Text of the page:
Have you always been interested in global affairs and its impact on Central and Eastern Europe or has this interest developed over time?
One of my earliest childhood memories was about the first Gulf War so I can’t remember a time when I wasn’t fascinated about global affairs. For me global affairs isn’t just capitals and diplomacy, but its language, gastronomy, literature, and culture.
When I moved to Austria, I was coming from Quebec, a French speaking province in Canada, and was much more interested in France than CEE. Suffice to say, as I got more comfortable in Vienna, I caught the CEE bug and began to really dive into the region. It doesn’t get better than Vienna when undertaking such an exploratory experiment as so many legendary cities are within short distance. Gradually I began to connect the global trends of the day and see their impact on CEE. The region itself, like the V4 for example, shares many similarities but also differences which means that the result of one event will not be uniform across the region. I love this contradiction which makes the research and policy part so interesting. In 2019 I worked on the GLOBSEC Democracy Declaration that celebrated 30 years of democracy in the region. Ambassador Brix gave a memorable video testimonial on his experience and to this date I consider it one of the most special projects I have worked on in Bratislava.
Looking to the future, the region will continue to play a major role in Europe, transatlantic security, and more recently climate security that will keep it relevant for some time to come. I visited almost every country in the region, except for Belarus, but I know I still have a lot more to learn and hope to repay the citizens of the region for all the magnificent memories I have made so far.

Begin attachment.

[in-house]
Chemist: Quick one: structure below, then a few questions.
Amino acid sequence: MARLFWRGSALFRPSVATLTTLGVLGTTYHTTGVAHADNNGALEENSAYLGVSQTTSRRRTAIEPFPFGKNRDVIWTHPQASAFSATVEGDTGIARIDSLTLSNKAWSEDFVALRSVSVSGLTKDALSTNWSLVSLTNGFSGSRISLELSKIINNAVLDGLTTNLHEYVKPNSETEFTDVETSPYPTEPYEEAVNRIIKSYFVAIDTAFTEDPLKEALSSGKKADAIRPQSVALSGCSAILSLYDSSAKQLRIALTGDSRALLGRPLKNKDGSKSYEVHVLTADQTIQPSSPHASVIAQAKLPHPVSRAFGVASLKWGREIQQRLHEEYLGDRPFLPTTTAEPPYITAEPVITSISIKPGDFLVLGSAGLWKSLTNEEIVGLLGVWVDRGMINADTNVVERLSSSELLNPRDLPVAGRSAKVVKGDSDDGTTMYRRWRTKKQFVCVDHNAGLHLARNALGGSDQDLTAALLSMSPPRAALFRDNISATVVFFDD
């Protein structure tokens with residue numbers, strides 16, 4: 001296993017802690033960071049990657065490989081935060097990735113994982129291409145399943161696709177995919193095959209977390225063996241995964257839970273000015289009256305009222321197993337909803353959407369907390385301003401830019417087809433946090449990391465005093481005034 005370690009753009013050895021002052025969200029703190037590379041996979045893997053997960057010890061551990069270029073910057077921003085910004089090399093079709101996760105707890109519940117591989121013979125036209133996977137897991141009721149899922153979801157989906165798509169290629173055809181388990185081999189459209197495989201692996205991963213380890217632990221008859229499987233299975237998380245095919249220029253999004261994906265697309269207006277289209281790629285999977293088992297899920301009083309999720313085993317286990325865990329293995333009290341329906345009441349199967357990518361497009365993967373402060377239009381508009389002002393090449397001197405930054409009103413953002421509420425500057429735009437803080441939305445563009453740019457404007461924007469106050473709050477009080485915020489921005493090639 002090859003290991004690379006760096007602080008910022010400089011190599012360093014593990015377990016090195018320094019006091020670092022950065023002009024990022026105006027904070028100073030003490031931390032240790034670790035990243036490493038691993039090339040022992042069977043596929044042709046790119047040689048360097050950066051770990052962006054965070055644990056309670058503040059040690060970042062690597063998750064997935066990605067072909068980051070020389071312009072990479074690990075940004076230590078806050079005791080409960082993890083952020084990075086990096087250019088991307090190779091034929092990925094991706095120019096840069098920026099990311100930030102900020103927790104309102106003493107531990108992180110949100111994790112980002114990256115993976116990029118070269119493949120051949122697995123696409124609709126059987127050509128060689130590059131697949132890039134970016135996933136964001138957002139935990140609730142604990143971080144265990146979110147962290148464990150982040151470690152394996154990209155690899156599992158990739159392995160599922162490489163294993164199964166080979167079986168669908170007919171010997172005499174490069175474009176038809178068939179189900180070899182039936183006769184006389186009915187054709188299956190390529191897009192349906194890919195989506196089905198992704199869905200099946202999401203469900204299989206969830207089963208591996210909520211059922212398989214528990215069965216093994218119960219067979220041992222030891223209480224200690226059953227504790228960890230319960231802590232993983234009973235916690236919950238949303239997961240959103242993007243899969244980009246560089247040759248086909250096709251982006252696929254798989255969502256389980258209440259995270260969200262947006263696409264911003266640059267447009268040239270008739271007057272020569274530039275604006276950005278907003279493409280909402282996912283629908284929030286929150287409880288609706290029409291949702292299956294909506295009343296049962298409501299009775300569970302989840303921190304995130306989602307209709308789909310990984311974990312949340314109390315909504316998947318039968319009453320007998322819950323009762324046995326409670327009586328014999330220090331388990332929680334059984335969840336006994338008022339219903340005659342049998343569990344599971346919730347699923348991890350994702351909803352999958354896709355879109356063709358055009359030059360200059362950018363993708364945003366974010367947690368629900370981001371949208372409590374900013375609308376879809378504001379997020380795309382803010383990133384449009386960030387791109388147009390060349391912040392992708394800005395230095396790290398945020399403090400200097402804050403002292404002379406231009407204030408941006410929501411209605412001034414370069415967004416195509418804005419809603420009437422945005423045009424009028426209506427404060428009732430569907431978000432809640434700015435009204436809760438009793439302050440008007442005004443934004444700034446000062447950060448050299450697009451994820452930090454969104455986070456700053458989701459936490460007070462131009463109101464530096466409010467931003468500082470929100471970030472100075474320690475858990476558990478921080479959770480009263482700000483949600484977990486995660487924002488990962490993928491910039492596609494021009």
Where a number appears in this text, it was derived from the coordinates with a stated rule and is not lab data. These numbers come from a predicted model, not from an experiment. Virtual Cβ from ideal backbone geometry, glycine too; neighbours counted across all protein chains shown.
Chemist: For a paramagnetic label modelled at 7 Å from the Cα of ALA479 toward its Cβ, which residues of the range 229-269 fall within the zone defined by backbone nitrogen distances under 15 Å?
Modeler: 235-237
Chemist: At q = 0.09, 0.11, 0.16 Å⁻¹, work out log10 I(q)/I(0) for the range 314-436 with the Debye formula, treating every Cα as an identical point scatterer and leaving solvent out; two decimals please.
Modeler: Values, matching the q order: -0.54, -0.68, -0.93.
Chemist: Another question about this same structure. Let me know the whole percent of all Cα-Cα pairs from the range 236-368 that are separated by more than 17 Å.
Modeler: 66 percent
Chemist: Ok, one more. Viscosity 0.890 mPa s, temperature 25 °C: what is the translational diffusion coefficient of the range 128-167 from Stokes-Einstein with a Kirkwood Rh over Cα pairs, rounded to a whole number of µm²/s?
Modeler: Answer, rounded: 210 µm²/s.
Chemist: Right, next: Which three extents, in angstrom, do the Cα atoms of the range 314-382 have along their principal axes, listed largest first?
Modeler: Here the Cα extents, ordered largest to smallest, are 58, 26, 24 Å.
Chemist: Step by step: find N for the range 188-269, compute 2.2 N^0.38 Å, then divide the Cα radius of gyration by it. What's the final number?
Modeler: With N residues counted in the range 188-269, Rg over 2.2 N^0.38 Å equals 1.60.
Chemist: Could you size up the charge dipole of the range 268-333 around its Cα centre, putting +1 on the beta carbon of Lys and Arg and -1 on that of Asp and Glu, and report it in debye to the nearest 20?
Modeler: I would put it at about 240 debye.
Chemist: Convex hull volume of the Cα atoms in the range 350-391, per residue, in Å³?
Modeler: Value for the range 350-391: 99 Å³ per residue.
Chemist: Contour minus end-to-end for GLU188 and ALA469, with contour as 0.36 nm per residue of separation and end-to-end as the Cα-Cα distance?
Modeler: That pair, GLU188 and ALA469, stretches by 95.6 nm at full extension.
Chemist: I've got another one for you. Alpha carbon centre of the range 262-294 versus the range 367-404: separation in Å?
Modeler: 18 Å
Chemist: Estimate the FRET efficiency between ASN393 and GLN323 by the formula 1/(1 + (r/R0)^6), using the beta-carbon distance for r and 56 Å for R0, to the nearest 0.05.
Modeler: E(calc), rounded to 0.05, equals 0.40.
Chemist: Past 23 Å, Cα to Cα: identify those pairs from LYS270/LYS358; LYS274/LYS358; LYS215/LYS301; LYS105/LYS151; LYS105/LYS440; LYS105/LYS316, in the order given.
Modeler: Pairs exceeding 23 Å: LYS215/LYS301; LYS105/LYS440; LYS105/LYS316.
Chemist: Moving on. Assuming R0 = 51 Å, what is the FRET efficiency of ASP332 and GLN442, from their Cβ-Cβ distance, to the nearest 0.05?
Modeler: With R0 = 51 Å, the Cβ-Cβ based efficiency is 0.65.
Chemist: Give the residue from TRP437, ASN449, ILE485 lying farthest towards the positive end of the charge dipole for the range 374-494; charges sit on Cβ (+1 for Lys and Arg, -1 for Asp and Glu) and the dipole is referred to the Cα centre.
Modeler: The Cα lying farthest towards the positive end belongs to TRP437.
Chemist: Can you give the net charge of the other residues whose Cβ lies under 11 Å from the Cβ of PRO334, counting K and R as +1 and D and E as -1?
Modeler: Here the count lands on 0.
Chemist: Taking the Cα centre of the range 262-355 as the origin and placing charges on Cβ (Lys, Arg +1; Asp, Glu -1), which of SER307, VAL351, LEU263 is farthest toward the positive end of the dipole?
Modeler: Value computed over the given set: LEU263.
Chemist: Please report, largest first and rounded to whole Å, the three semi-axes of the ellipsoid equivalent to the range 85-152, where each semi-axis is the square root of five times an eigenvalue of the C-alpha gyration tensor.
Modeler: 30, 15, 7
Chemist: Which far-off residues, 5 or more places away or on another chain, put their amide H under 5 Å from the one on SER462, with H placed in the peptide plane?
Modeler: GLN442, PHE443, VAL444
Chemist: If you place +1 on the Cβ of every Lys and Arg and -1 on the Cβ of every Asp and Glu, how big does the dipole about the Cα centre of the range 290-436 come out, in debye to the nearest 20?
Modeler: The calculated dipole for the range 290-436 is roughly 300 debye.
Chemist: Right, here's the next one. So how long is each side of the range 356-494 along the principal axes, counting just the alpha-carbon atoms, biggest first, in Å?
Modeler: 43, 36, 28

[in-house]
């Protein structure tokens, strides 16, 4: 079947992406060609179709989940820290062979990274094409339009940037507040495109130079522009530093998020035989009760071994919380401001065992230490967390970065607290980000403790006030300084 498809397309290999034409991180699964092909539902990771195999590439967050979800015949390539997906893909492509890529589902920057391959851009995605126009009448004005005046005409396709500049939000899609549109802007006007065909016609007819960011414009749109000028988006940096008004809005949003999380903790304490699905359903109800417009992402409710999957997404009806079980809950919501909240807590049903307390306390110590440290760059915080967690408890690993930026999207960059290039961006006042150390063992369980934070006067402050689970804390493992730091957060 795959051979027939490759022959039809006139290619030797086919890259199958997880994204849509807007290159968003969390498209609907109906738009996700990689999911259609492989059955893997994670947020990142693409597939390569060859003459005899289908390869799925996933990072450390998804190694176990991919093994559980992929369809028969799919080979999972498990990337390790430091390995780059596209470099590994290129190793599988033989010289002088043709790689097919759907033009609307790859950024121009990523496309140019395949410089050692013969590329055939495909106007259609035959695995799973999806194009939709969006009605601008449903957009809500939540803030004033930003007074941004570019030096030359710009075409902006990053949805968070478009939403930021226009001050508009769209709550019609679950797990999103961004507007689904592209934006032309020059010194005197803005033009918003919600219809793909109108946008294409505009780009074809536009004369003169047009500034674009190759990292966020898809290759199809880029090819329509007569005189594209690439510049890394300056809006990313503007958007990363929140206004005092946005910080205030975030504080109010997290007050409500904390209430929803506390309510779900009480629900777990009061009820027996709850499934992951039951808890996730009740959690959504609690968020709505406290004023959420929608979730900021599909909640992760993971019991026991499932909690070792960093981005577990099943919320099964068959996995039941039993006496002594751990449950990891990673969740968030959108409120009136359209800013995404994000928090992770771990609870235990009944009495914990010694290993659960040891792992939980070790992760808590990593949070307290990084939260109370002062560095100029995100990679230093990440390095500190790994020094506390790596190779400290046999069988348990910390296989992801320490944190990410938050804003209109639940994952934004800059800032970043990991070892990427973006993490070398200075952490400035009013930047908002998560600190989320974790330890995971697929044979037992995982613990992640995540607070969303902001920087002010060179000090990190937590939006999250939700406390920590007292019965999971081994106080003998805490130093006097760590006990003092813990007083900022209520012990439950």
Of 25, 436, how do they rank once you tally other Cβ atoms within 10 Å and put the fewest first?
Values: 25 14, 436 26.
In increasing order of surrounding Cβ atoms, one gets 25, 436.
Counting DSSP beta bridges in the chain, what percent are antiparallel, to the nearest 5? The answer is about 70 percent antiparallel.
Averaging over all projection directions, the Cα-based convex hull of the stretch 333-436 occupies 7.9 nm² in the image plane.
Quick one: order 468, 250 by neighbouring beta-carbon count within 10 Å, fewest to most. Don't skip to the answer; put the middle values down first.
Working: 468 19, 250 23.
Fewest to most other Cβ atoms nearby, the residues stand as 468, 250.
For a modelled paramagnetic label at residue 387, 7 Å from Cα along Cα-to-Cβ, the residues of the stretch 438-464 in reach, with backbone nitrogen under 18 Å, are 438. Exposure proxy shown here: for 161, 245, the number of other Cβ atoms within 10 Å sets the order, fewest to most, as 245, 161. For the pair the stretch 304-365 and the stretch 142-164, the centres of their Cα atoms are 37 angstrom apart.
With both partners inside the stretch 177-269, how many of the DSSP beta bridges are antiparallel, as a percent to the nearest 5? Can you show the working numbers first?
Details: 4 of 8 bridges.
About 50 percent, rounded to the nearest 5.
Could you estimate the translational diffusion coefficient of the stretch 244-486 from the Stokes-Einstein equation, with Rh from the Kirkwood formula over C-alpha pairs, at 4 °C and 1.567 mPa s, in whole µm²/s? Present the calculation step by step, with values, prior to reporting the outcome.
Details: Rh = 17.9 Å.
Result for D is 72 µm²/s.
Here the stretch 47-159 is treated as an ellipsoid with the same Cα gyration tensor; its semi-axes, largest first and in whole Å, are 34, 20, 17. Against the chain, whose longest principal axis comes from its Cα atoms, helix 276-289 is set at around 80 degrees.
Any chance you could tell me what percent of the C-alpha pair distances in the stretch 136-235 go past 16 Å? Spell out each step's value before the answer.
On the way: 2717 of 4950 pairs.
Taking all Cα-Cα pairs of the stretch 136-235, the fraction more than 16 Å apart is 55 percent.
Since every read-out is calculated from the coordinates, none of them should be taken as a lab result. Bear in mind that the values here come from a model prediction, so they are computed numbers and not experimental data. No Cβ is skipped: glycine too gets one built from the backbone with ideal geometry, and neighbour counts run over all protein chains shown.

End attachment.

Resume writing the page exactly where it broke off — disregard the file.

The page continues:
How has the DA helped you develop your career?
Attending the DA was truly a transformational personal and professional experience and is based on two parts. One part is being able to learn in a city like Vienna and take in all the history while making use of all the diplomatic offerings at Embassies and international organisations to gain practical experience. The other part is theoretical and sharpening your intellect through the interdisciplinary curriculum and lectures with the outstanding professors. Combined, these elements allow students to leave after two years as critical thinkers who are confident and resourceful.
Is there a specific skill set taught at the DA that is particularly useful for your current job?
When you are dealing with organizations like NATO or the EU, and other stakeholders around the world, being able to carry oneself in a multicultural atmosphere is critical and an asset. The world has never been so connected so it is not unusual in my line of work to interact with a host of culturally diverse stakeholders. One call is with someone from Italy, the next is from Japan.
I can say with confidence that I really honed this skill of interacting with multicultural teams and audiences at the DA. From the first day of registration to exams to graduation, being able to engage with so many different students of diverse backgrounds really prepared me for my work now. Add in all the travel we did at the DA, and I believe it is a formula for success in this globalized world. Being able to interact and learn from so many different students isn’t just important for work but it makes you a better person.
Where do you think the future will take you?
For the moment I am really enjoying this media project that brings policy and current events to life. Over time, it would be my dream for the GLOBSEC Wire to emerge as one of the pre-eminent current events shows that features senior level diplomats, titans of industry, and national leaders to discuss the most pressing topics for CEE and beyond. The show is still young, but I think there is a space for it grow and establish a regular following. All I can say is that while the work is heavy, the juice is worth the squeeze.